Monthly Archives: November 2015

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editing If self-editing isn't your thing, you’re in good company. Plenty of writers don’t like doing it. Some writers skim through the task just to get it done quicker; others skip it altogether. I wouldn't recommend either, even if you have someone else lined up to do the job. While a peer or professional edit can be enormously useful, self-editing has worth, too. In fact, done with caution and care, self-editing can pay off in ways you may not have considered.

Here are nine reasons to take the task of self-editing seriously:

It’s good practice. Self-editing is a good way to brush up on the rules of grammar, spelling, and style. It also helps you become more proficient at using key writing resources, like dictionaries, thesauruses, and style guides.

It can make or break a sale. When there isn’t time or resources to send your work out to be edited, a self-polished piece has a much better chance of landing a sale than one that hasn’t been reviewed by you.

It’s free. Professional editing doesn’t come free, but self-editing does. Even if you do get your work professionally edited, cleaning it up first can decrease the time a professional uses, right along with the fee.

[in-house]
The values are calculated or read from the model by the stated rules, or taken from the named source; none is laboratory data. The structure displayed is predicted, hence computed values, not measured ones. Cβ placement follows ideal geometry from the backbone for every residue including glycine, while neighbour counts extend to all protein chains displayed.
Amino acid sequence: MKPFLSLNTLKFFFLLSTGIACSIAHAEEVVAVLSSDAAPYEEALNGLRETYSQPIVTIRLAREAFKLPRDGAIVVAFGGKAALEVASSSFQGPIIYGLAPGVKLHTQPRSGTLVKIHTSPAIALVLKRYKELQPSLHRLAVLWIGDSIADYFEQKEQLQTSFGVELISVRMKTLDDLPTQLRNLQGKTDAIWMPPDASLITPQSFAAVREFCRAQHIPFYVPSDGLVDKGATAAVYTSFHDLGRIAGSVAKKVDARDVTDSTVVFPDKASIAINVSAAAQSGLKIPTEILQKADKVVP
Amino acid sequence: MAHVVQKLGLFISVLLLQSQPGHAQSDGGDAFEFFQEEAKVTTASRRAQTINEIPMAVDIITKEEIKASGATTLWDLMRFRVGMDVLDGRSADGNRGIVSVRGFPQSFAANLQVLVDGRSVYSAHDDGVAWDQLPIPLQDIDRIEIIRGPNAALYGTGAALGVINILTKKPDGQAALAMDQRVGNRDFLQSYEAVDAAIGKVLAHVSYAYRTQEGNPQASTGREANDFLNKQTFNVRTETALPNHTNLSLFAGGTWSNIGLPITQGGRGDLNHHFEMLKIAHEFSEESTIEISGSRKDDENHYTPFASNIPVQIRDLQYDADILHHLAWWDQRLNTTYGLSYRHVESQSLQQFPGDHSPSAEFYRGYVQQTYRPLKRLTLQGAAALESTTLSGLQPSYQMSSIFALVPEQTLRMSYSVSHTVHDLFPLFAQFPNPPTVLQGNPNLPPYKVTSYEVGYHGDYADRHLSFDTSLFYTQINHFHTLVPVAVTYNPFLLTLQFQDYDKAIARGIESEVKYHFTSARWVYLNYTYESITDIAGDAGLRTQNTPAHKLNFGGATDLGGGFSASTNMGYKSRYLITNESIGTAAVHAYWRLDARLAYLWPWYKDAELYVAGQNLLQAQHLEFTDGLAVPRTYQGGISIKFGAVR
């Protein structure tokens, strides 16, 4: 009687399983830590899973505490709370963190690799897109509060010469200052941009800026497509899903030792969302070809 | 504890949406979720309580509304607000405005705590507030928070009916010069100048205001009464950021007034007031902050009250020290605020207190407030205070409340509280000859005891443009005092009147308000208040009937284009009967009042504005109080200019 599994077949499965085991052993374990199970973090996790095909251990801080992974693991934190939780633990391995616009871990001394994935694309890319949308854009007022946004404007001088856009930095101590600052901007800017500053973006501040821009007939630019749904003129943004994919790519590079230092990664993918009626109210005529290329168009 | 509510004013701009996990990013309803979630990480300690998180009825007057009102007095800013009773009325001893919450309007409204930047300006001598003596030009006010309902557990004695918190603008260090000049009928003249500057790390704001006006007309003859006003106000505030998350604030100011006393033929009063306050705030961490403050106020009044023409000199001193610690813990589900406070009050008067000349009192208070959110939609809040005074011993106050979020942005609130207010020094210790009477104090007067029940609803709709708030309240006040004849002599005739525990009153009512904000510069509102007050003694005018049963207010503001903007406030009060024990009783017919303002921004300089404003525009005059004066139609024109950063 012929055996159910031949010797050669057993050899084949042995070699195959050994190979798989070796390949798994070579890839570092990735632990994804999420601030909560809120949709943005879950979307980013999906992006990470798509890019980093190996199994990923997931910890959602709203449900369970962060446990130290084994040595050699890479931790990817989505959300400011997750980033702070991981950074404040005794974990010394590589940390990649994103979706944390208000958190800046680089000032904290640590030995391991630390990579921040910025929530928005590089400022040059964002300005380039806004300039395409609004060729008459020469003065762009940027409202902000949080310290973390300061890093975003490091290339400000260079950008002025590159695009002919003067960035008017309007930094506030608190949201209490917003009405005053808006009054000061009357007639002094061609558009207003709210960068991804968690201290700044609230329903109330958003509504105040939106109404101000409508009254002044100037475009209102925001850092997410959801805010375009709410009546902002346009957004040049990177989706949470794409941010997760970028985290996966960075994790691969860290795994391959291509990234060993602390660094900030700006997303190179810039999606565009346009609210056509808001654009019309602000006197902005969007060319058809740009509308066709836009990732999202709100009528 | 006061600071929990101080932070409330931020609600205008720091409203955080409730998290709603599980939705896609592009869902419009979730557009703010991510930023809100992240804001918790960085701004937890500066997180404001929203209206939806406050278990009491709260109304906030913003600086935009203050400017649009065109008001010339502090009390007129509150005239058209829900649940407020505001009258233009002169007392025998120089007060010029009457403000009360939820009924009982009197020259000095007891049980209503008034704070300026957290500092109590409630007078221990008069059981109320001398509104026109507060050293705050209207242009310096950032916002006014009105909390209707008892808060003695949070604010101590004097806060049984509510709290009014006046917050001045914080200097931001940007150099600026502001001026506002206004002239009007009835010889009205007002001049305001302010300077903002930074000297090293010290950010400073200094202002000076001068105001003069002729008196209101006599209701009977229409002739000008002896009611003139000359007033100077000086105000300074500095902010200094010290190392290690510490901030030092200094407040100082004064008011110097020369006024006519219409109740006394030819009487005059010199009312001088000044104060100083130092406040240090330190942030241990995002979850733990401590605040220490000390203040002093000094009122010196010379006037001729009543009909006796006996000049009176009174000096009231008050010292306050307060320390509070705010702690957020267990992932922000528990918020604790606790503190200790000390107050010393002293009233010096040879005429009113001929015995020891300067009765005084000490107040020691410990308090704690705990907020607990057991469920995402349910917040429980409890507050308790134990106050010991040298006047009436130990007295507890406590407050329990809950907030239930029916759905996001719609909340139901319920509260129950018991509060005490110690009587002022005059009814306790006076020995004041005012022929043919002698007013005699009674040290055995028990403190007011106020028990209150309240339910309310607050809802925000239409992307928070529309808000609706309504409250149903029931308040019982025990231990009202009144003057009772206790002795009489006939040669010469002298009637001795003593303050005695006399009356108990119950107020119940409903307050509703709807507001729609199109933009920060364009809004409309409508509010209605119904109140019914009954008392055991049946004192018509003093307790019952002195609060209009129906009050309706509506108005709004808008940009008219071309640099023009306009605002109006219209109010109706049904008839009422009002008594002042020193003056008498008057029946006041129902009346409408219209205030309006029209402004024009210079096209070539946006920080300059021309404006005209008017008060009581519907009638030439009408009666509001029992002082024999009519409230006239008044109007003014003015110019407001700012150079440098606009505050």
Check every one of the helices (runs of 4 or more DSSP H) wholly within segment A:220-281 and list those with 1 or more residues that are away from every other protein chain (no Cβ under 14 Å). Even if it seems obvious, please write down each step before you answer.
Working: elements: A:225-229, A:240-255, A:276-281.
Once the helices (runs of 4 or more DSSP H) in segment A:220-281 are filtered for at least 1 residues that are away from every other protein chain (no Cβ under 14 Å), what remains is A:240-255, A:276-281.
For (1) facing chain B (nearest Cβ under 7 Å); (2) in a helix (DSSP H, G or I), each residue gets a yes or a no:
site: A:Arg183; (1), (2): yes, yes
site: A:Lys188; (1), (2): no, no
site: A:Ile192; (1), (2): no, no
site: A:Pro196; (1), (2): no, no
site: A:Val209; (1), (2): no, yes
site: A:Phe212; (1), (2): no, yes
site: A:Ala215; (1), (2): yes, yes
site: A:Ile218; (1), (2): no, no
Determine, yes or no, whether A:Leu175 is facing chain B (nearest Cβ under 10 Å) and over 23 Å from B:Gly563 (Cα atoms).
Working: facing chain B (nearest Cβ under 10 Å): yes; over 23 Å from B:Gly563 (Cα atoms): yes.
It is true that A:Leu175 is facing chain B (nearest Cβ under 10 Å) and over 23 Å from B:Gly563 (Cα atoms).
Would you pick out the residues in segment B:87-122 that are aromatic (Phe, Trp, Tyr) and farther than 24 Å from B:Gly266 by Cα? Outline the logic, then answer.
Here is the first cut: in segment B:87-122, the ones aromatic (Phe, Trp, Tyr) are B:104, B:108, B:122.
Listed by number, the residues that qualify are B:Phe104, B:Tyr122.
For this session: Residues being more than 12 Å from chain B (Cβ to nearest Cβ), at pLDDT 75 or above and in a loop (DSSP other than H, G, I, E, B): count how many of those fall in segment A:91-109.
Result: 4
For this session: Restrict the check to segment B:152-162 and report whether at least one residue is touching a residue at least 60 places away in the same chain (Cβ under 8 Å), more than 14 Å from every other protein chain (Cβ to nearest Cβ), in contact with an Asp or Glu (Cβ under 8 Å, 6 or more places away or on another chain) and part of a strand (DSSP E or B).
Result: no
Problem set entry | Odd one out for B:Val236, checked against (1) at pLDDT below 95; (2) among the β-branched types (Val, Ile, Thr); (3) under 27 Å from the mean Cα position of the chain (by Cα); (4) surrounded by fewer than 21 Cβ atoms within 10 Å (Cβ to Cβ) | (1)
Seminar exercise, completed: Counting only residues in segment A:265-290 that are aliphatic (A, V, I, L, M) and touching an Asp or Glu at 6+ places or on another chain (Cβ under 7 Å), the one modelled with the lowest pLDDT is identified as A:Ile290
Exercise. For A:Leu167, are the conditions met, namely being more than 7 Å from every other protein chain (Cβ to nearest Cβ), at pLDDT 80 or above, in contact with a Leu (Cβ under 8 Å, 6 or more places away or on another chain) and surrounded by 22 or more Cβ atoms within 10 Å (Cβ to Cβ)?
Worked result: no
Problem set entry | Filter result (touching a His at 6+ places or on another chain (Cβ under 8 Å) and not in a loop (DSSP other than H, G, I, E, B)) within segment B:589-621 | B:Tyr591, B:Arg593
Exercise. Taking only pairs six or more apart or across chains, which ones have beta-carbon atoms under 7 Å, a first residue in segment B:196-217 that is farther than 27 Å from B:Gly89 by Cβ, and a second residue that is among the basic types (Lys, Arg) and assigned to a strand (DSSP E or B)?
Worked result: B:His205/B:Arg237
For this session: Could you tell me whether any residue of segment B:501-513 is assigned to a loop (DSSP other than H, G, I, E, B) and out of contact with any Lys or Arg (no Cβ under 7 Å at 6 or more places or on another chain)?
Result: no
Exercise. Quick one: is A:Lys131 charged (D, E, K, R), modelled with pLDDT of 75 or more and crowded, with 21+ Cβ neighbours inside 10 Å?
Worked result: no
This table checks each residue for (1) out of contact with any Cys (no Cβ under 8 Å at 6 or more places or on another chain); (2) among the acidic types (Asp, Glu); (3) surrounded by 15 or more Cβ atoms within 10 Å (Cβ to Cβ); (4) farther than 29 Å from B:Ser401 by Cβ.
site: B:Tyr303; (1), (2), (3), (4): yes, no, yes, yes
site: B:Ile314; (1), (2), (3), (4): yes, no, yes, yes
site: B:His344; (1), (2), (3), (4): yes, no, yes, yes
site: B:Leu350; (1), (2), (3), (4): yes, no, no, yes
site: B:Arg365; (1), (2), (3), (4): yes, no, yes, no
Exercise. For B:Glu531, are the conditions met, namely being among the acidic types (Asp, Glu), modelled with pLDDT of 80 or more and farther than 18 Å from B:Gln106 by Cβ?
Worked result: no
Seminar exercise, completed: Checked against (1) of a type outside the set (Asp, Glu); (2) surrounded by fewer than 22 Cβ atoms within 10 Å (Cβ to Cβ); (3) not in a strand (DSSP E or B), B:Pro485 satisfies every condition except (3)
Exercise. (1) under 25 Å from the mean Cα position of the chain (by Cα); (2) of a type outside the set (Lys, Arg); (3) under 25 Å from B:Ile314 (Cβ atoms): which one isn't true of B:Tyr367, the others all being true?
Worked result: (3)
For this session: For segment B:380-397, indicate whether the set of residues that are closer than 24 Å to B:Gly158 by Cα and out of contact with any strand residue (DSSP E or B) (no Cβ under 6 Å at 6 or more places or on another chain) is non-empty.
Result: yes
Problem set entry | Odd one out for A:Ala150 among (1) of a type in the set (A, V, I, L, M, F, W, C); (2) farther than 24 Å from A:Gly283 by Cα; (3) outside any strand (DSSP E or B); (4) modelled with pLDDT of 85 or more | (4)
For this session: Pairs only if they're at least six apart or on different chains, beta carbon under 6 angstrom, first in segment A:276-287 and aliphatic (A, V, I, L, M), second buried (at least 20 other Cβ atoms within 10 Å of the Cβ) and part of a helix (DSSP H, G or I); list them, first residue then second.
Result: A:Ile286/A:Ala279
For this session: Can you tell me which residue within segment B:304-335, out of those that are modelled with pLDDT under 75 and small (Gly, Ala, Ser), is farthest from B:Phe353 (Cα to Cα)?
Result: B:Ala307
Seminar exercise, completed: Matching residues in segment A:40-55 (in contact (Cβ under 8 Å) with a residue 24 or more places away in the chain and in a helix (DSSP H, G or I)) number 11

It’s a productive diversion. Self-editing gives you a break from writing. You’re still working with words, but you’re doing it in a different way. Self-editing is a diversion that’s both productive and refreshing.

It helps improve your writing. Self-editing is essentially the process of making your writing better—clearer, cleaner, and more professional. And who doesn’t want to improve their writing?

It makes you more serious. When you put some effort into self-editing, you show others that you are serious about your craft and credibility. More important, you prove it to yourself.

It adds closure. Think of self-editing as a final step in the writing process. When you give the task your all and complete it, that’s when you know your work is done and ready to be read.

It’s what true professionals do. Self-editing is the fine-tuning you do that separates you from hobby writers and less serious professionals. A self-editing job well done earns you respectability.

It does more good than harm. What are the cons of self-editing? It takes time, you might miss errors, and you may not enjoy yourself. But just re-read all the pros above, and you’ll see all the good that self-editing does!

For more information on editing your work, check out my earlier posts on punctuation, style, and usage.